History of the breed

Cymric is pronounced “kim-rick” and means Wales, as in the U.K. country. There is no clear link between the Cymric cat and Wales so feel free to store this in the “random facts” part of your brain!

The history of the Cymric starts with the Manx cat, so-called due to its discovery on the Isle of Man in the Irish Sea. Legend has it that the Manx landed on the island either with the Spanish Armada or on a Viking ship. Due to lack of official documentation, it is hard to distinguish fiction from fact with regard to the breed’s origin story.

Between 1750 and 1810, cross-breeding between domestic cats and the Manx created a random mutation which led to a whole litter being born without a tail—this genetic predisposition continued to appear on the small island, thus establishing both the Manx and the Cymric breeds.

The Cymric cat has mostly been an overlooked breed, with interest only starting to catch on in the 1960s. Until the 1970s, the Cymric was referred to as “Manx Mutant”, which makes it sound more like an X-Men character than a cat.

It is thanks to Canadians Blair Wright and Leslie Falteisek, pioneering Cymric breeders, that this affectionate feline got its official name. Today the Cymric still doesn’t fit into one tidy box: The CFA considers the breed as a “long-haired Manx” whereas TICA and CCA both consider the breed independently of the Manx. But these are just details, the Cymric is an adorable breed with much love to give.

Black and white portrait of a sitting Cymric cat


From head to tail

Physical characteristics of Cymric cats

1. Head

Rounded head, medium in size, with full cheeks.

2. Ears

Ears sit widely apart, narrowing to a rounded tip.

3. Eyes

Wide, round eyes. The colour should match the coat.

4. Legs

Muscular back legs, with round-shaped feet and a rounded rear-end.

5. Tail

Tail-length has four variations: rumpy, rumpy-riser, stumpy and longie.

Black, white and ginger Cymric kitten in front of a grey background


Things to look out for

From specific breed traits to a general health overview, here are some interesting facts about your Cymric
Cymric cat sat in front of a red background looking up


Caring for your Cymric

Grooming, training and exercise tips

How to groom a Cymric cat? Two to three weekly brushing sessions will maintain their shiny coat and prevent matting. Increase brushing activity during autumn and spring, when Cymric cats shed. Training your Cymric cat is a pleasure as they’re highly intelligent and curious, and respond well to discipline. Do keep prized possessions locked away though, as this breed has deft paws that can open doors—they’re actual cat burglars. Cymric cats are lively but their robust build makes them susceptible to weight gain: Jingly pet toys with feathery bits and bobs will have them playing fetch and climbing their cat tree in no time, to keep them fit. The Cymric is also open to being taken out on a leash for short walks, so long as you live in a suitably quiet area away from busy roads.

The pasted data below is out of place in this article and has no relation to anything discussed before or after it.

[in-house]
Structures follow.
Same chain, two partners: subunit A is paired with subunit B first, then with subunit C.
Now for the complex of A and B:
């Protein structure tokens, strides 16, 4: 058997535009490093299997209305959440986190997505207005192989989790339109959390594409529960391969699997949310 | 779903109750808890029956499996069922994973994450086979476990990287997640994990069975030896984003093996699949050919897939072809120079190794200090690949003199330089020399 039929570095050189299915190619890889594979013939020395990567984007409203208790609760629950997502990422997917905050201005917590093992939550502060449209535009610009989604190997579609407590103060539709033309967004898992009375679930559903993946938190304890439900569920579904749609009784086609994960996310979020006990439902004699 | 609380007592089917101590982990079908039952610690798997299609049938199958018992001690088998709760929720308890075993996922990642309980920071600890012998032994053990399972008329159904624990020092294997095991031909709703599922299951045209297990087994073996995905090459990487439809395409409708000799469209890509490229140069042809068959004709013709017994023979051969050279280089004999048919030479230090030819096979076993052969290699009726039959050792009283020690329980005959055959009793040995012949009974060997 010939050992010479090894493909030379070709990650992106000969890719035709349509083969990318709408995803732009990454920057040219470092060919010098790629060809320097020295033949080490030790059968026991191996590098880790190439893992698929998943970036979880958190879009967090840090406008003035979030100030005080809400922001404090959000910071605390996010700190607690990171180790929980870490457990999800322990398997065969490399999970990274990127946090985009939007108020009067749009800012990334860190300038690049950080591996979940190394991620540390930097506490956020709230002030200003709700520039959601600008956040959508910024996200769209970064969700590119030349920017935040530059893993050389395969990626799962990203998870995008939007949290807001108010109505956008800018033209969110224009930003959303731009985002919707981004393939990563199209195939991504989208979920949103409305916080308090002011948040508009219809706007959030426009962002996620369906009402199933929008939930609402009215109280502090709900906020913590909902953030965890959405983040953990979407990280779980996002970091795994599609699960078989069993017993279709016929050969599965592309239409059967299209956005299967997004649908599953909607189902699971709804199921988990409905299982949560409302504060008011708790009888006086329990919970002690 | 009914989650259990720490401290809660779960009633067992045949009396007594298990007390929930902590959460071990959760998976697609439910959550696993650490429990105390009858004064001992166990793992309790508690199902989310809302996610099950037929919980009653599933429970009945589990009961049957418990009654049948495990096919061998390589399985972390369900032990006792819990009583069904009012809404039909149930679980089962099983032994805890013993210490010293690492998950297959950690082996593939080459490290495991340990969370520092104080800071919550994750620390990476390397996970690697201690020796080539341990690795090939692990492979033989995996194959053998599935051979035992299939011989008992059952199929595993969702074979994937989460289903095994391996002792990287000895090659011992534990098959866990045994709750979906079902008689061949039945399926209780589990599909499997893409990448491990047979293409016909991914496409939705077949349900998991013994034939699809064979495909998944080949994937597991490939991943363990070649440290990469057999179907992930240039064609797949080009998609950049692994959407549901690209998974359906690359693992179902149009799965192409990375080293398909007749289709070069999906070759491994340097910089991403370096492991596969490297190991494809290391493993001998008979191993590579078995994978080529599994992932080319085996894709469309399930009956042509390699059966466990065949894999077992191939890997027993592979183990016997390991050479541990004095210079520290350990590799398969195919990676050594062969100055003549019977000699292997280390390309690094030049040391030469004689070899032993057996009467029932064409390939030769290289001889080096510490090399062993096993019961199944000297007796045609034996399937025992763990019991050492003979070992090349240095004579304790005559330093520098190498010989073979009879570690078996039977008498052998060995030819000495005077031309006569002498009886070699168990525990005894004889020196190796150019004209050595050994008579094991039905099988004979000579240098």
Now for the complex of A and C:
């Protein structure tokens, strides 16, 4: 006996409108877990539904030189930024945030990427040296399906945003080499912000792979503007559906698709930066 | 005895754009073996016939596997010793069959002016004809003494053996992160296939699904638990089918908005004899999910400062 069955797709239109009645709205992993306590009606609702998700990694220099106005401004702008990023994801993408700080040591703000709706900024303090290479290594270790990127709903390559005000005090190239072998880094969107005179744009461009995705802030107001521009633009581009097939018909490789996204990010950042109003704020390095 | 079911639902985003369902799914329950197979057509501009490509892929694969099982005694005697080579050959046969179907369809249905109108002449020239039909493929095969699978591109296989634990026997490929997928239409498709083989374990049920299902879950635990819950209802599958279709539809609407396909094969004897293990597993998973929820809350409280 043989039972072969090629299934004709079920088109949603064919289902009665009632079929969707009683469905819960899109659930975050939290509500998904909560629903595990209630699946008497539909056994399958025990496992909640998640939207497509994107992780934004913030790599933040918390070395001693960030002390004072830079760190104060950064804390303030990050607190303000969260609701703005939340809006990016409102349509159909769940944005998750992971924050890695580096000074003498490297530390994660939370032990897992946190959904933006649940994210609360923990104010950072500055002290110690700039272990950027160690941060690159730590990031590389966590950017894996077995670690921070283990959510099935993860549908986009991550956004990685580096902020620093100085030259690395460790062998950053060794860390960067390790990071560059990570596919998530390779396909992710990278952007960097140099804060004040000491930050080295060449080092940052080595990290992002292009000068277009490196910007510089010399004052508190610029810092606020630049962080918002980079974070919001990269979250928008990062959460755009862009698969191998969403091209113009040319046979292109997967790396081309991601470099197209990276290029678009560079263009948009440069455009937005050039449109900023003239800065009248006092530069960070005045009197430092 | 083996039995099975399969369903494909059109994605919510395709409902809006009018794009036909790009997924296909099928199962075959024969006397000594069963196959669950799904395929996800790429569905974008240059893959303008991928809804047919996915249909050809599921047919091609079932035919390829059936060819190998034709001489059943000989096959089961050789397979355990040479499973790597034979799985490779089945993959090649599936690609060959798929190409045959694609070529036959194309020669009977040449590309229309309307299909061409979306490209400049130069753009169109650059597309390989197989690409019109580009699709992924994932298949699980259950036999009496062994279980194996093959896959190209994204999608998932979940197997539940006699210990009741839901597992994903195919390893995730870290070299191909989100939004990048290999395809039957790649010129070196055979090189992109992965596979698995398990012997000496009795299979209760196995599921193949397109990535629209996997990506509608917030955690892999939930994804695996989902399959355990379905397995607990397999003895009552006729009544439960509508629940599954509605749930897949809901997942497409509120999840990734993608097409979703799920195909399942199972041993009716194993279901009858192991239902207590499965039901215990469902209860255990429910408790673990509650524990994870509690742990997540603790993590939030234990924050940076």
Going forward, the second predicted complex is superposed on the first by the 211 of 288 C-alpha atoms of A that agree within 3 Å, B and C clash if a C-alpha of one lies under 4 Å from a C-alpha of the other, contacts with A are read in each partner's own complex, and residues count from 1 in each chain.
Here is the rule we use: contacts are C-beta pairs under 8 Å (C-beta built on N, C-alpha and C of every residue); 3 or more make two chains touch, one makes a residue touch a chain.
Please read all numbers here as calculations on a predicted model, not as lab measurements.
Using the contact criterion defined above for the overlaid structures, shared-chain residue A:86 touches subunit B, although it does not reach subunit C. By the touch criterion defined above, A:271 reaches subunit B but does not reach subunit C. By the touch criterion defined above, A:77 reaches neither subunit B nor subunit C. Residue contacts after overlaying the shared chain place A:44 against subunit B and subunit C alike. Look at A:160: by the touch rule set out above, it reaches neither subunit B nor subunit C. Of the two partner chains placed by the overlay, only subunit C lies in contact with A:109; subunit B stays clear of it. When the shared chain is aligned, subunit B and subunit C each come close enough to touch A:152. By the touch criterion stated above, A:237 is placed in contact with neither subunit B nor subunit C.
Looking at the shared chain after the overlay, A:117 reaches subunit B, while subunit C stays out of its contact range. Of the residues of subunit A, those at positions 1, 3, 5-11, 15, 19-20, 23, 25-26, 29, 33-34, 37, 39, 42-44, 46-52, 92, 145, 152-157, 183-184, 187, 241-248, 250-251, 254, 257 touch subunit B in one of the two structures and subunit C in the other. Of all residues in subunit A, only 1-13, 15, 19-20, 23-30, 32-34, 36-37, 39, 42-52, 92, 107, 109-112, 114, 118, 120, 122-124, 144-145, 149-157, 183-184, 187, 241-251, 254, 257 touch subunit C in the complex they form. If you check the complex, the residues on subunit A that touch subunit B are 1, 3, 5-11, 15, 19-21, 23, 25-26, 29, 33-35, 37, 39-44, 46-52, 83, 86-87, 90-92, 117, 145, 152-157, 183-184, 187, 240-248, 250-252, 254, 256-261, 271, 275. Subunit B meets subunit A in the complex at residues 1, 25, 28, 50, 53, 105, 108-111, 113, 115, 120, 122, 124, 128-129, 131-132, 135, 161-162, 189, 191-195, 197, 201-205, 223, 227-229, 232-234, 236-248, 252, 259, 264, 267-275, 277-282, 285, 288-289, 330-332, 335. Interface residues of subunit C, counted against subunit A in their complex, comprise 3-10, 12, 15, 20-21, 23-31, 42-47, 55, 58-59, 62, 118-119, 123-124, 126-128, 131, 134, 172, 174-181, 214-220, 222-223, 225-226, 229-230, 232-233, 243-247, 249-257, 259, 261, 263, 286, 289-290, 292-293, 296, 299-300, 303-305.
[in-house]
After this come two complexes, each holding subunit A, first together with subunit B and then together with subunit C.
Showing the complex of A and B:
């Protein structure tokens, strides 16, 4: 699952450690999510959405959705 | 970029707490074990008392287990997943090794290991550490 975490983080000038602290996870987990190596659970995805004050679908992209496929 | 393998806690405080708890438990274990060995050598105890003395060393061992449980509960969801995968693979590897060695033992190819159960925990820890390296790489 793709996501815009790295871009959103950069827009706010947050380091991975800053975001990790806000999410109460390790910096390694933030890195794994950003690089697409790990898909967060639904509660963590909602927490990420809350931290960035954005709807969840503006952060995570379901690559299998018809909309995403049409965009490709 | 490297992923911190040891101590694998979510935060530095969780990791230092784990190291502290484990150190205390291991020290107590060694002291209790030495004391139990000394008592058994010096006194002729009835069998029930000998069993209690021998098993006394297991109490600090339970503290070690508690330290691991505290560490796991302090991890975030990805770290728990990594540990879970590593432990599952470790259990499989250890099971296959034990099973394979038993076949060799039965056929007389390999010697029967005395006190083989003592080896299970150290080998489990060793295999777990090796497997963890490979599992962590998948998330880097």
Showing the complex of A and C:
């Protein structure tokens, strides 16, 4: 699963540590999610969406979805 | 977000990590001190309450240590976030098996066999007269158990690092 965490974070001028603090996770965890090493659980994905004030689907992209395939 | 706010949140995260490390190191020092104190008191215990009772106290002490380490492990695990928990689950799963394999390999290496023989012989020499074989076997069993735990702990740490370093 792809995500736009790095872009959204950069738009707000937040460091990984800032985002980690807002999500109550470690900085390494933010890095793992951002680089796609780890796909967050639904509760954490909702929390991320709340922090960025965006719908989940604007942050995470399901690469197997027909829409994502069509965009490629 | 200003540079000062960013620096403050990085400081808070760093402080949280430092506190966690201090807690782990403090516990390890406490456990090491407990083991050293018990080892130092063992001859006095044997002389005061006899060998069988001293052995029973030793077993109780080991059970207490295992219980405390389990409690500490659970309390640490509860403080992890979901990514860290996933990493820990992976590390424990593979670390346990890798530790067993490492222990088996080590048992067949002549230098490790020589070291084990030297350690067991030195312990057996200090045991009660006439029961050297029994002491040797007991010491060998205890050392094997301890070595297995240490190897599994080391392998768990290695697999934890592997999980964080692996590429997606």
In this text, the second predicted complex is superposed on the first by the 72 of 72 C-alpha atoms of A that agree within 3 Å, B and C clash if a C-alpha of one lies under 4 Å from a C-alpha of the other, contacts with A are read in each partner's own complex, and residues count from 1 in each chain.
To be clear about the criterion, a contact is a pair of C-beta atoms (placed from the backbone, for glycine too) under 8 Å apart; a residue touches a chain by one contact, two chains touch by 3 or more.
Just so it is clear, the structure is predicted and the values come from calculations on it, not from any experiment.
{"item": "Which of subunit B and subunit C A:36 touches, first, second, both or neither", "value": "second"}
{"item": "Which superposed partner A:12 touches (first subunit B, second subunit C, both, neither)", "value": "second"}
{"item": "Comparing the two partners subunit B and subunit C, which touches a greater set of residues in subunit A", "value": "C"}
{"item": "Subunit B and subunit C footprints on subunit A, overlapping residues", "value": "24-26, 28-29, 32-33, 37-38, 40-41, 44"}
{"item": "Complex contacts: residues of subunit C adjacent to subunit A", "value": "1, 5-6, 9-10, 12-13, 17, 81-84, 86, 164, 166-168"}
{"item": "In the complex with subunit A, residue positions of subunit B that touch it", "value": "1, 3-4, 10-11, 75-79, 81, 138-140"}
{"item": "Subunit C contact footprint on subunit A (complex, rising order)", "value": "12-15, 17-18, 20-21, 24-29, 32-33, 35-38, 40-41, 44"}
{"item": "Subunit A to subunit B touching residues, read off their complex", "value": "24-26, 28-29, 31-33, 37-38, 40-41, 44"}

All about Cymric cats

Cymric cats are one of the rarer breeds out there, so if you have your heart set on one, be sure to seek out recognised breeders who come recommended. The Cymric can mate with other cats to create tailless kittens, who are not officially classified as Cymric cats. No need for alarm—just be aware that there are a few dishonest breeders out there, looking to make an easy profit.

A Cymric can be born with one of four tail lengths: “Rumpy” means no tailbone. A “Rumpy Riser” means a very short tail, with movement restricted to up and down. A “Stumpy” means a short tail that can move in any direction and last but not least, the rare “Longie”, which looks and behaves like any other cat tail. Now you know.



1 - Veterinary Centers of America https://vcahospitals.com/ 

2 - Royal Canin Cat Encyclopaedia. Ed 2010 and 2020

3 - Banfield Pet Hospital https://www.banfield.com/

4 - Royal Canin BHN Product Book